Heterozygosity for a Hypomorphic Polβ Mutation Reduces the Expansion Frequency in a Mouse Model of the Fragile X-Related Disordersby Rachel Adihe Lokanga, Alireza Ghodsi Senejani, Joann Balazs Sweasy, Karen Usdin

PLoS Genet



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Heterozygosity for a Hypomorphic Polβ

Mutation Reduces the Expansion Frequency in a Mouse Model of the Fragile X-Related


Rachel Adihe Lokanga1,2, Alireza Ghodsi Senejani3, Joann Balazs Sweasy3,

Karen Usdin1* 1 Section on Gene Structure and Disease, Laboratory of Cell and molecular Biology, National Institute of

Diabetes, Digestive and Kidney Diseases, National Institutes of Health, Bethesda, Maryland, United States of

America, 2 Department of Biochemistry, University of Cape TownMedical School, Cape Town, South Africa, 3 Departments of Therapeutic Radiology and Human Genetics, Yale University, School of Medicine, New

Haven, Connecticut, United States of America * ku@helix.nih.gov


The Fragile X-related disorders (FXDs) are members of the Repeat Expansion Diseases, a group of human genetic conditions resulting from expansion of a specific tandem repeat.

The FXDs result from expansion of a CGG/CCG repeat tract in the 5’ UTR of the FMR1 gene. While expansion in a FXD mouse model is known to require some mismatch repair (MMR) proteins, our previous work and work in mouse models of another Repeat Expansion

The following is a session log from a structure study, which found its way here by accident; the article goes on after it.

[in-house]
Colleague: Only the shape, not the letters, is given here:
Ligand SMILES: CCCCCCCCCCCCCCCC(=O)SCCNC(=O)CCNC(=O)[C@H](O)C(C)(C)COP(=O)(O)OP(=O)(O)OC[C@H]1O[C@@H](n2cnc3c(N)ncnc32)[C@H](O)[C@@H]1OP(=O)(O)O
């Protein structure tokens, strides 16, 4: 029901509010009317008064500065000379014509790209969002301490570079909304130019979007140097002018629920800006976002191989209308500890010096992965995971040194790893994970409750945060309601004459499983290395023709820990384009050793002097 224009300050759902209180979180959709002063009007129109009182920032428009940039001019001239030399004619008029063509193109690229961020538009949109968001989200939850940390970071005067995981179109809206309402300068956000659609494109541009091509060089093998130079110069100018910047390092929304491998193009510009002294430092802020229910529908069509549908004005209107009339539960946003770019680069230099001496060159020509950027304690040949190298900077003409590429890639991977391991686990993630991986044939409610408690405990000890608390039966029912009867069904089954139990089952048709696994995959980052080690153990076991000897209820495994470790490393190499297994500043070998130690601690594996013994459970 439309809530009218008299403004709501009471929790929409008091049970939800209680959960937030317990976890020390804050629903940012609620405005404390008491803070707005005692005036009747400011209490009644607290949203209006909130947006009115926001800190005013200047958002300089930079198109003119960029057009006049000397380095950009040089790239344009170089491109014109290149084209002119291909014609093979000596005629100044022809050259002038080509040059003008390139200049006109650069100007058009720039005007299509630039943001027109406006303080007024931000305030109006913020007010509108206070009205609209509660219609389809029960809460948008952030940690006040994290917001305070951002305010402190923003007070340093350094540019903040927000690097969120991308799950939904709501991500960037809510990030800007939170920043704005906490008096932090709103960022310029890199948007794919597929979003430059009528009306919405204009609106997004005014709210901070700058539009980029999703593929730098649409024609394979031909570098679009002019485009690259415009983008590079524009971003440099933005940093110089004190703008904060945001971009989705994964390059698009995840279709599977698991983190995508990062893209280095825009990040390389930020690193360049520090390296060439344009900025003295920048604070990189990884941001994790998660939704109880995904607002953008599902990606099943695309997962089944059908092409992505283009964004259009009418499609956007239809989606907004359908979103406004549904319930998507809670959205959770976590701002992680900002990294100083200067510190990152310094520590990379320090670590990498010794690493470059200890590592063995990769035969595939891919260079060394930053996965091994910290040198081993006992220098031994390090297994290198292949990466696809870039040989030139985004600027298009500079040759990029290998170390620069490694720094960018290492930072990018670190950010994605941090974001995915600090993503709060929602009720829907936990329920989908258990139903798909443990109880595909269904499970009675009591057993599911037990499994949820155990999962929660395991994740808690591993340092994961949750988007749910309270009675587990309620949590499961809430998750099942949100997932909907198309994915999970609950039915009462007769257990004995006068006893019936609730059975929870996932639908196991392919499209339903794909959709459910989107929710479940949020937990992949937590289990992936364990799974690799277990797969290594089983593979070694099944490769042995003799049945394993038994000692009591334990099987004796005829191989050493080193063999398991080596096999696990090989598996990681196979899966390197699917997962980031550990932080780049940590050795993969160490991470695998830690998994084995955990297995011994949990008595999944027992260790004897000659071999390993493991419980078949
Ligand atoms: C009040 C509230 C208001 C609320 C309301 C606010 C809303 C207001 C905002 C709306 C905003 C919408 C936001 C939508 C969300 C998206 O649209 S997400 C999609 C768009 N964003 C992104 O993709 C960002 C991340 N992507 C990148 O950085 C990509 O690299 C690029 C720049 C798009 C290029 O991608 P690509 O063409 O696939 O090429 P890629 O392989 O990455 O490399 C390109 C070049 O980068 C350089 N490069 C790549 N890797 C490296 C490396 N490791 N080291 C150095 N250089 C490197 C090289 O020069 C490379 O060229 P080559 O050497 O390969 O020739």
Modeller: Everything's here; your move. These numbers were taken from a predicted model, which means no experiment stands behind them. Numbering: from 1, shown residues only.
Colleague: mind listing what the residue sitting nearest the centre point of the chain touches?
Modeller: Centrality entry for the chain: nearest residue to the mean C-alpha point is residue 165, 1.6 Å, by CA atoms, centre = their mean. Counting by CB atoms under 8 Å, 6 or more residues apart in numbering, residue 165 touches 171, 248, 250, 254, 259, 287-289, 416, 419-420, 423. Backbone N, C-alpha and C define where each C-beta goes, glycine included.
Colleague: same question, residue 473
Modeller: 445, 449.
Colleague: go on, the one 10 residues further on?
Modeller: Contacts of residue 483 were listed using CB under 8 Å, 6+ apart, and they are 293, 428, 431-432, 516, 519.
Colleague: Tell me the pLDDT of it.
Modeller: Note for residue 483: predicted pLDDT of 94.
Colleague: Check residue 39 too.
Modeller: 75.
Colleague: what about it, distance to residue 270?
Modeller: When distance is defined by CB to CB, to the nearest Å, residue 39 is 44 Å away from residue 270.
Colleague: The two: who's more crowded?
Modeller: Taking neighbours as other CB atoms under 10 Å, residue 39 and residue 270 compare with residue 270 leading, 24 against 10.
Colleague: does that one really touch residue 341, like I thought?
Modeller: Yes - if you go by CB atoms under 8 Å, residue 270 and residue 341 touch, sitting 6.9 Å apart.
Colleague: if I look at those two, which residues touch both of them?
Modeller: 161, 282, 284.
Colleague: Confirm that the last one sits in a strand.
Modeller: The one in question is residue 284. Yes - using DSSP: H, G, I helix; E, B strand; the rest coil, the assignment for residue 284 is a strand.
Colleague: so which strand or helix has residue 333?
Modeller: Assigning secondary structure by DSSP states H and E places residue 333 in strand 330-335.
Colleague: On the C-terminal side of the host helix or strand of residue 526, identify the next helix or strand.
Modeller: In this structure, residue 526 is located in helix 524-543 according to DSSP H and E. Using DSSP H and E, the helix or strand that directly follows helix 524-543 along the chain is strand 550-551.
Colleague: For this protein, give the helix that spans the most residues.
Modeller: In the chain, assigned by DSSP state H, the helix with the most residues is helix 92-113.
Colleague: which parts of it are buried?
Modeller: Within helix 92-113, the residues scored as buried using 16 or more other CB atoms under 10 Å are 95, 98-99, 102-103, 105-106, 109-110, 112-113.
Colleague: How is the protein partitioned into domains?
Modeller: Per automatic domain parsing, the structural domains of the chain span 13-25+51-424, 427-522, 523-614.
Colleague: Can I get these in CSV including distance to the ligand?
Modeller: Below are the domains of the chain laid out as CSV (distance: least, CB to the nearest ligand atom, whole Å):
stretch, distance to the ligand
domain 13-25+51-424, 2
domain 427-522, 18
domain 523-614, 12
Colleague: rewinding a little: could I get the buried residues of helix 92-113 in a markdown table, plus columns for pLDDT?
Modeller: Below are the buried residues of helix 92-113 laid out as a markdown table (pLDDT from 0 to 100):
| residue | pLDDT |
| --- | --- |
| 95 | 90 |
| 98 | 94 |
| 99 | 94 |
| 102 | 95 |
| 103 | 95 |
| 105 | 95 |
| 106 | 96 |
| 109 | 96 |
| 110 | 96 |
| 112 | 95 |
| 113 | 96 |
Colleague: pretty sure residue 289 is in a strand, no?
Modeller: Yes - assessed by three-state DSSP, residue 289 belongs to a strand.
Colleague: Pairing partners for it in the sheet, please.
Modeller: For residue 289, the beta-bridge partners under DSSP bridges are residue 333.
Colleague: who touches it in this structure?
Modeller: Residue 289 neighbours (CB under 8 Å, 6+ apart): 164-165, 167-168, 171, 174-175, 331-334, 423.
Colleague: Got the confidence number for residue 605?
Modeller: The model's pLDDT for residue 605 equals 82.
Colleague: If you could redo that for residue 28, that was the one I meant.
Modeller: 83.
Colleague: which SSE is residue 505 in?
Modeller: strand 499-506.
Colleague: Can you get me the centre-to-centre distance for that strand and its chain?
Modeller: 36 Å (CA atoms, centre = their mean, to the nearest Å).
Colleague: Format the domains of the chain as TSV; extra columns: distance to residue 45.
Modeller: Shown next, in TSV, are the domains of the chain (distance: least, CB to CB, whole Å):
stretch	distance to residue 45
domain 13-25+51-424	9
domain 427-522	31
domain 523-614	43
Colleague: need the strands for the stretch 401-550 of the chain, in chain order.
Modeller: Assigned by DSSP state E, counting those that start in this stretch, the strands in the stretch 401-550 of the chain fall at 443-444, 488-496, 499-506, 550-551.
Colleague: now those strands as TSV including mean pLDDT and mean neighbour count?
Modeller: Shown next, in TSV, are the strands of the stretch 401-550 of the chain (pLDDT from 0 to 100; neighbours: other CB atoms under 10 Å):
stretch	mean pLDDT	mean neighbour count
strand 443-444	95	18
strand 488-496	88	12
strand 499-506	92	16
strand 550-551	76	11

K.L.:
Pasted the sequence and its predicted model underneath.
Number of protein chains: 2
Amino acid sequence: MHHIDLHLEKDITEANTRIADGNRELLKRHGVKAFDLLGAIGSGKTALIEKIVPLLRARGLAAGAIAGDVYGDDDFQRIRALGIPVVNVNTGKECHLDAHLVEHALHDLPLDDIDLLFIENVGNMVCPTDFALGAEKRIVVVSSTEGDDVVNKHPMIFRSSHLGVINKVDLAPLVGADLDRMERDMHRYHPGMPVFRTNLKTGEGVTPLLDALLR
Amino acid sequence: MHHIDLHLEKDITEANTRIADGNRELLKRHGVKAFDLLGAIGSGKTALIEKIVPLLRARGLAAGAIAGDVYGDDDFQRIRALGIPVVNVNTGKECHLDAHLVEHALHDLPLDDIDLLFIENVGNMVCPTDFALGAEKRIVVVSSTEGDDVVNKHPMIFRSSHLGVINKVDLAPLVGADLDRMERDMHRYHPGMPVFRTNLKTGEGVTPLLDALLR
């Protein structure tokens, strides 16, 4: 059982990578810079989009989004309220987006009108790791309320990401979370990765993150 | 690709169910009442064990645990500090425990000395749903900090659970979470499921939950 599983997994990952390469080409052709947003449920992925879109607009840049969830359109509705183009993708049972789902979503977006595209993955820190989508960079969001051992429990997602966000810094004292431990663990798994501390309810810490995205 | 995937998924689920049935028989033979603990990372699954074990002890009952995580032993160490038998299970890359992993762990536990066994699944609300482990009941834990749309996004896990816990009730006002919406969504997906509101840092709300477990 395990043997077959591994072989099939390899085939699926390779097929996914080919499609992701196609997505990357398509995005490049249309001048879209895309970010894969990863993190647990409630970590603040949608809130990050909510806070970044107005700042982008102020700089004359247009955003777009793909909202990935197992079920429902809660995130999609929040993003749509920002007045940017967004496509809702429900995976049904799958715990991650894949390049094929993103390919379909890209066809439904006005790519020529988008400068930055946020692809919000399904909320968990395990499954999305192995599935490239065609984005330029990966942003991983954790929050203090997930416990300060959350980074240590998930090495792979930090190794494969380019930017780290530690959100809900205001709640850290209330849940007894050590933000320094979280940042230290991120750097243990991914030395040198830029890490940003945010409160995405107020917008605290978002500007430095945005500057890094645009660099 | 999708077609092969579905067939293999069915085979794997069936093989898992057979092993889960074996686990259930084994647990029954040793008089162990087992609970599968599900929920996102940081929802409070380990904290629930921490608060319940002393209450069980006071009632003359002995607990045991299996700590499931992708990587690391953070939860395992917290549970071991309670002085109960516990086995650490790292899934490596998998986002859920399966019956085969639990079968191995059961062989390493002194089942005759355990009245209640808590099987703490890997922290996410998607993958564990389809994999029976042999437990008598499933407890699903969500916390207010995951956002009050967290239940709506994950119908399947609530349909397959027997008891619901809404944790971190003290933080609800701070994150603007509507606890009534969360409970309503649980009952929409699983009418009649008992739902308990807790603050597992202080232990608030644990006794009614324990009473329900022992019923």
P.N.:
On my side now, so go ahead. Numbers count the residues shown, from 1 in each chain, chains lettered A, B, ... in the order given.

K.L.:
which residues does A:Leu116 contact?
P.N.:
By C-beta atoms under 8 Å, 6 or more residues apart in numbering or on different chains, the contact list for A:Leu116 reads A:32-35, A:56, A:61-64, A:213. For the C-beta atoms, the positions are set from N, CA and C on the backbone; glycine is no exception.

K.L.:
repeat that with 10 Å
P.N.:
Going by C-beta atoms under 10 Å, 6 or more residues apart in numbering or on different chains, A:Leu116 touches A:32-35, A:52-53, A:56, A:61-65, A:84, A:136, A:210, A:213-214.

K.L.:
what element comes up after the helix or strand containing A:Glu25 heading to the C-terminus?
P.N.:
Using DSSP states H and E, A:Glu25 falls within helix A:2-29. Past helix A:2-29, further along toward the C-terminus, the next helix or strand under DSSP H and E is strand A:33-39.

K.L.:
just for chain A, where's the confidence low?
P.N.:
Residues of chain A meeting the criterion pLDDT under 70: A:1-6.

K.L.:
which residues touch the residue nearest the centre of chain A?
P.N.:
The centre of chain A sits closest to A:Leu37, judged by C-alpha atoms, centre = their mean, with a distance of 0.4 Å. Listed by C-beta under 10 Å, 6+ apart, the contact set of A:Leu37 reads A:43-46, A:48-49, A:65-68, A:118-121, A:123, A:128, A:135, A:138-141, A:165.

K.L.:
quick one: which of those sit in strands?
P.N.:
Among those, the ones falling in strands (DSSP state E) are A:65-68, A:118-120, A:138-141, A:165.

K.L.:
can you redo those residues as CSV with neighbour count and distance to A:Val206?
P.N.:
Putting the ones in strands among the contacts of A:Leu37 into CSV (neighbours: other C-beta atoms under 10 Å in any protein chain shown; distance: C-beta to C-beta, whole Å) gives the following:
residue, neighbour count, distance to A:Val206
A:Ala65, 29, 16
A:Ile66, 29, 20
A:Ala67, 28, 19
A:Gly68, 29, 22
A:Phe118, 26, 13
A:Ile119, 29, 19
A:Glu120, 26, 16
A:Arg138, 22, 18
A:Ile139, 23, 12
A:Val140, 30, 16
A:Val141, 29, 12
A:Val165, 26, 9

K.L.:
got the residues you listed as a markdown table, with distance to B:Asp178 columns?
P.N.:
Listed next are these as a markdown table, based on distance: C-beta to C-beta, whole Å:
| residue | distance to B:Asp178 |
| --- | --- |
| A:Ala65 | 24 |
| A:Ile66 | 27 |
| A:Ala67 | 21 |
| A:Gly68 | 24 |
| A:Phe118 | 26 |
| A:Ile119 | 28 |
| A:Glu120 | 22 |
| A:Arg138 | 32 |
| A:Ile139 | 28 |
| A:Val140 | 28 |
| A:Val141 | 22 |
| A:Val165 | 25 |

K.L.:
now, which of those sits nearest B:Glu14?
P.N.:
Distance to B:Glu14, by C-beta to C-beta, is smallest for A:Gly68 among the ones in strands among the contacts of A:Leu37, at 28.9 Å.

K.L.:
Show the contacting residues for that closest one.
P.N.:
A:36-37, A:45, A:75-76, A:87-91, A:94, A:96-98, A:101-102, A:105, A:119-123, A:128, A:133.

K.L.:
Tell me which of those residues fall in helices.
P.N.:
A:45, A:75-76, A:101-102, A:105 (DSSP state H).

Disease show that early events in the base excision repair (BER) pathway play a role in the expansion process. One model for repeat expansion proposes that a non-canonical MMR process makes use of the nicks generated early in BER to load the MMRmachinery that then generates expansions. However, we show here that heterozygosity for a Y265C mutation in Polβ, a key polymerase in the BER pathway, is enough to significantly reduce both the number of expansions seen in paternal gametes and the extent of somatic expansion in some tissues of the FXD mouse. These data suggest that events in the BER pathway downstream of the generation of nicks are also important for repeat expansion. Somewhat surprisingly, while the number of expansions is smaller, the average size of the residual expansions is larger than that seen in WT animals. This may have interesting implications for the mechanism by which BER generates expansions.